Since Garrod's original observation1 in 1848 that excessive amounts of serum uric acid were present in gouty patients, there has been widespread agreement that gout is attributable to a sustained accumulation of uric acid in the body. I believe that if a patient has a sufficient degree of hyperuricemia for a long enough period he will eventually develop gout, irrespective of the nature of the hyperuricemia. This, then, implies that the clinical syndrome of gout comprises several distinct entities. The accumulation of uric acid must result from a disturbance in the normal equilibrium between the production of uric acid on one hand and the elimination of urate on the other. As a consequence, hyperuricemia will occur in the following circumstances:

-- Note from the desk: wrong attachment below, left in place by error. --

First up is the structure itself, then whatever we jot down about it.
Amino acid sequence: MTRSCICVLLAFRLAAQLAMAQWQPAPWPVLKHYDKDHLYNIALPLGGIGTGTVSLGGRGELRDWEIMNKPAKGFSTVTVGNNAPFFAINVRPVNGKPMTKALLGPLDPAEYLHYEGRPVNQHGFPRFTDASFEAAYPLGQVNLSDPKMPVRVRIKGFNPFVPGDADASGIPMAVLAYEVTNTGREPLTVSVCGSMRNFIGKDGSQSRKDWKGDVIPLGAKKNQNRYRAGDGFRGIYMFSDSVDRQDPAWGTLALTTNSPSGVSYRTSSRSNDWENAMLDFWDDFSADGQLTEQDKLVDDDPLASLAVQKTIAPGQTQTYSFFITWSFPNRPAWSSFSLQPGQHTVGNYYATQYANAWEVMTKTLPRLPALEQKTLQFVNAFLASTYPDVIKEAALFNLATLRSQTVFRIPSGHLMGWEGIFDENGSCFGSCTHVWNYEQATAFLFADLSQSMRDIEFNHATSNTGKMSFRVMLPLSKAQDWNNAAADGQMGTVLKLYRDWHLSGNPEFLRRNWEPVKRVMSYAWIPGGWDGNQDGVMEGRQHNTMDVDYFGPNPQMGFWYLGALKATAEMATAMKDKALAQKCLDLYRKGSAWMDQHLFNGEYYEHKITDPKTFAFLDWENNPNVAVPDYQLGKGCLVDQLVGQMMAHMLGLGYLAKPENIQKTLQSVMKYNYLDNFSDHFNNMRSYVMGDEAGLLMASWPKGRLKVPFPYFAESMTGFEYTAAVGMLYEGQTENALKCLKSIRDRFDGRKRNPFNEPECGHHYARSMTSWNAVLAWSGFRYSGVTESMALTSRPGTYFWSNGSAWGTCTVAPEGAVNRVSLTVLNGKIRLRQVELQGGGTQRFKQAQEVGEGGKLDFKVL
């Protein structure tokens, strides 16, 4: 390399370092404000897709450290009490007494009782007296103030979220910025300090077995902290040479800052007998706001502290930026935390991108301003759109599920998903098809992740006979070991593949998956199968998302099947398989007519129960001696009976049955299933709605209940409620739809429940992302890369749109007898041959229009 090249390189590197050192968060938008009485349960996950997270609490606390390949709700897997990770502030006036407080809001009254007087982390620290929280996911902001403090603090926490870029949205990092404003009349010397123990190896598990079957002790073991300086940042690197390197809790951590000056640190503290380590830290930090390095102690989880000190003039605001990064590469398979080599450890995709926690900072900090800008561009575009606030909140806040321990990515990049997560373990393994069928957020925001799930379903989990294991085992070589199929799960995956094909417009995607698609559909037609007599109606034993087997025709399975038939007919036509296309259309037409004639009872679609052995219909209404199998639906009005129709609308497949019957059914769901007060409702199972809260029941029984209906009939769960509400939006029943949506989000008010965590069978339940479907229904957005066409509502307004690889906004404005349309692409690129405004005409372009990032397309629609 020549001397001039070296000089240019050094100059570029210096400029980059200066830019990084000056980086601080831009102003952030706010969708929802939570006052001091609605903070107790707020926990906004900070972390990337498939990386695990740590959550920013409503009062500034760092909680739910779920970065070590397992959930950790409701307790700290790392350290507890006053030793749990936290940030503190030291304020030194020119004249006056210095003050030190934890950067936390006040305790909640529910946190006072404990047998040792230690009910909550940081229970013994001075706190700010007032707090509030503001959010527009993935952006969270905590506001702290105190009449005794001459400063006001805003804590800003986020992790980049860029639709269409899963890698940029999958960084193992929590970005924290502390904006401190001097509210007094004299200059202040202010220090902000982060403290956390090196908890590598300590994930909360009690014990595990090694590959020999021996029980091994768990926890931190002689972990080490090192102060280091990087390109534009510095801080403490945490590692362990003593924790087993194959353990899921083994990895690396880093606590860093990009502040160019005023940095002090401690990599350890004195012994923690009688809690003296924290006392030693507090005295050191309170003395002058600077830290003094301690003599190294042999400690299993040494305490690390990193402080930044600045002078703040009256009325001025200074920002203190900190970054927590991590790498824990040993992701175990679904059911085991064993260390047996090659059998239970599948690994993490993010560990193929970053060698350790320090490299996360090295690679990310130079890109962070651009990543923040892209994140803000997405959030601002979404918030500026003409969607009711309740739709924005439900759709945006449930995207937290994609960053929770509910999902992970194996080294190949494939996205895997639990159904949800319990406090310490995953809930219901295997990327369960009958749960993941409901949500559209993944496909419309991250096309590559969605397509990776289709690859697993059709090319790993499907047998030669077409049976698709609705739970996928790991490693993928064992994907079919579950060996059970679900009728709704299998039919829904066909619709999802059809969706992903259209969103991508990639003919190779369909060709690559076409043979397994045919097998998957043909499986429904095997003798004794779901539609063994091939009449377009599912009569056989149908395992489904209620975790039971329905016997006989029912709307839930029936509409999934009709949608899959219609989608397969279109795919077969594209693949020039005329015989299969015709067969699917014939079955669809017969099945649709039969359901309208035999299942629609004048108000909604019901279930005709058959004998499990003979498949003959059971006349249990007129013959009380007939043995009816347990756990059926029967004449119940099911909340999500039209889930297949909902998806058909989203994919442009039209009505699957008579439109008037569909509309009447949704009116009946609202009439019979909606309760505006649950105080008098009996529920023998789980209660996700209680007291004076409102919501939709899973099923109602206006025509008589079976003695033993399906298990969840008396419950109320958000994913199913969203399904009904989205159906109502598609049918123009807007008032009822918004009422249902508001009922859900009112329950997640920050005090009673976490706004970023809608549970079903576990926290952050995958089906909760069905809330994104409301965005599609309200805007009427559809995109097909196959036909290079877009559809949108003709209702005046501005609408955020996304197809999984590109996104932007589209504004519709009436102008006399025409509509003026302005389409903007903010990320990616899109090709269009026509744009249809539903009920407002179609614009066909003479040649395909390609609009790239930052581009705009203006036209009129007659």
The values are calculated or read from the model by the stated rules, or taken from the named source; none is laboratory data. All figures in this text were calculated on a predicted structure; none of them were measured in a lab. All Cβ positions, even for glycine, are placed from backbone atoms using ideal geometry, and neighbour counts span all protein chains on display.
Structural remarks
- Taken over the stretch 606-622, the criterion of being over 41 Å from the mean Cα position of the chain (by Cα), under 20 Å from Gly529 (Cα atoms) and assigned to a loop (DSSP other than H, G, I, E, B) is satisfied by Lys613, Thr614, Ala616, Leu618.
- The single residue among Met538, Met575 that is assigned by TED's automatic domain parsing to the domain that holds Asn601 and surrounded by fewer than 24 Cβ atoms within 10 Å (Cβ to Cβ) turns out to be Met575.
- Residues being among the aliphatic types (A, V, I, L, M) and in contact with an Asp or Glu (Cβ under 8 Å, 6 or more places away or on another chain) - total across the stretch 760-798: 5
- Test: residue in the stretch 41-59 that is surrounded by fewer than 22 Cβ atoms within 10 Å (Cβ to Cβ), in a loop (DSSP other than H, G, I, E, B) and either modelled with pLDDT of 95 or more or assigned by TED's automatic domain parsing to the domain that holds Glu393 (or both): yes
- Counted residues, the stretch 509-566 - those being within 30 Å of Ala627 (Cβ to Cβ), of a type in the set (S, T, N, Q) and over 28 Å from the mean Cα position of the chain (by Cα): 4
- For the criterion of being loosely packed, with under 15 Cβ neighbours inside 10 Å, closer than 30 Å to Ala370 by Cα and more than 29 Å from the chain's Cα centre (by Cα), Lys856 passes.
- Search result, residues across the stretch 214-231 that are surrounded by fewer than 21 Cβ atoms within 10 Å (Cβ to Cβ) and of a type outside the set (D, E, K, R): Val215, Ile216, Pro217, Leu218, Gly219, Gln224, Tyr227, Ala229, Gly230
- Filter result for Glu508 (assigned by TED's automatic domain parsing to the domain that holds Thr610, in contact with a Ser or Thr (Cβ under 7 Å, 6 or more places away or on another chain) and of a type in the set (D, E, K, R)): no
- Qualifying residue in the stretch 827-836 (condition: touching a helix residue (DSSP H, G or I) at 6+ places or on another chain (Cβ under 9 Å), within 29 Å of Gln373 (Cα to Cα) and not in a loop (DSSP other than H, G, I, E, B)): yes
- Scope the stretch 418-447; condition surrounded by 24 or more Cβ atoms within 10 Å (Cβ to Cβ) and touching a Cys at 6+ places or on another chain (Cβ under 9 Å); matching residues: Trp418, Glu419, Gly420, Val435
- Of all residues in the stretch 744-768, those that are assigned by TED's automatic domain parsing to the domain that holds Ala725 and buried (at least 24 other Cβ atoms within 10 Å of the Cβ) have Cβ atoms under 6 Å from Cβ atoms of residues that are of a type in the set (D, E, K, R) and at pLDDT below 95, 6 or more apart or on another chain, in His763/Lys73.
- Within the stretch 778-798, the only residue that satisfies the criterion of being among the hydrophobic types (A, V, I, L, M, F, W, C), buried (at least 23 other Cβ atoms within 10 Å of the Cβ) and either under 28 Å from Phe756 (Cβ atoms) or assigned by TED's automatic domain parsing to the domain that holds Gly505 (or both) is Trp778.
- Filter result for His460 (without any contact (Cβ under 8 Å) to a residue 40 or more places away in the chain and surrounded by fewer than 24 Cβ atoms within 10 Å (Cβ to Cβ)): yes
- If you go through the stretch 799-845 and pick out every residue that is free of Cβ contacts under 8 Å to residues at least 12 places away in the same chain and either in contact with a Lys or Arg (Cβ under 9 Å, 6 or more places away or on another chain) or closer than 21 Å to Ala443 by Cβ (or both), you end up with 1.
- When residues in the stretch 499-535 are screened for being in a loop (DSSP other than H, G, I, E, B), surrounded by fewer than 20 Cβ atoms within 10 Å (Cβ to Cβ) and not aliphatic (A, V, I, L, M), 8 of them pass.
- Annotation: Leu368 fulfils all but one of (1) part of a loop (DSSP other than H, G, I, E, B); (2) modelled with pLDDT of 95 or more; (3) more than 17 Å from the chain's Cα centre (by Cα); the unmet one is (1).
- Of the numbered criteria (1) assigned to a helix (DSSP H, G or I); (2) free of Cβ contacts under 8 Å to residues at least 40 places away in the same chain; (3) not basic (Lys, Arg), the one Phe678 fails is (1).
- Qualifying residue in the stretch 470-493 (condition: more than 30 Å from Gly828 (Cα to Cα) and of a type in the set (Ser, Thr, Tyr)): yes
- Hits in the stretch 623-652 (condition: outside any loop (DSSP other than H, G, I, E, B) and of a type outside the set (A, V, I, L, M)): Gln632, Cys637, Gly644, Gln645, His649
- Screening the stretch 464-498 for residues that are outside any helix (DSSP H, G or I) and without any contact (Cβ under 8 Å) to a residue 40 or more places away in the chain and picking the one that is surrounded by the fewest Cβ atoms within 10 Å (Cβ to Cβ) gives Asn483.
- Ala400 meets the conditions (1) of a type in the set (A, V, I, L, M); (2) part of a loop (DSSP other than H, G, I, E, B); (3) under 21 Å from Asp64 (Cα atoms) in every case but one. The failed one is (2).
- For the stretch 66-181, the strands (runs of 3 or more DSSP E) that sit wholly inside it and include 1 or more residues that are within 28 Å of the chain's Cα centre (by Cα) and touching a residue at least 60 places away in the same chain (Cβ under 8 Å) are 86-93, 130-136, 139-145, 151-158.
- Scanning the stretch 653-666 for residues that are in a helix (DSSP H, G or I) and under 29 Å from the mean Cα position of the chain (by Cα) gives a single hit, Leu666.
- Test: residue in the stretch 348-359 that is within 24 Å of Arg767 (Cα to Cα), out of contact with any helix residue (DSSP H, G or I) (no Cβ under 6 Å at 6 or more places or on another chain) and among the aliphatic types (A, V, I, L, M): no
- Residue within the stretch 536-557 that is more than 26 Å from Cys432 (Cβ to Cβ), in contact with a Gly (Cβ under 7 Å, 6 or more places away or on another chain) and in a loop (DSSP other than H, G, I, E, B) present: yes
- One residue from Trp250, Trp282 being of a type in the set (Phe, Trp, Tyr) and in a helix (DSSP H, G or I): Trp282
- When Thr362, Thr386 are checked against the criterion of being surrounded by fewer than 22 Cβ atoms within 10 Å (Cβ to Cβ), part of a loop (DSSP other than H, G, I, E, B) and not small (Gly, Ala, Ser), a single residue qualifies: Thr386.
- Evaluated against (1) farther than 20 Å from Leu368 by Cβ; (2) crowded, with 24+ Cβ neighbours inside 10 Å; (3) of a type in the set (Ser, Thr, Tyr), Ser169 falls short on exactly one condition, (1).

When the production of urate is so great that, even though the routes of elimination are of normal capacity, they are inadequate to handle the excessive load.
SORENSEN LB. The Pathogenesis of Gout. Arch Intern Med. 1962;109(4):379–390. doi:10.1001/archinte.1962.03620160005002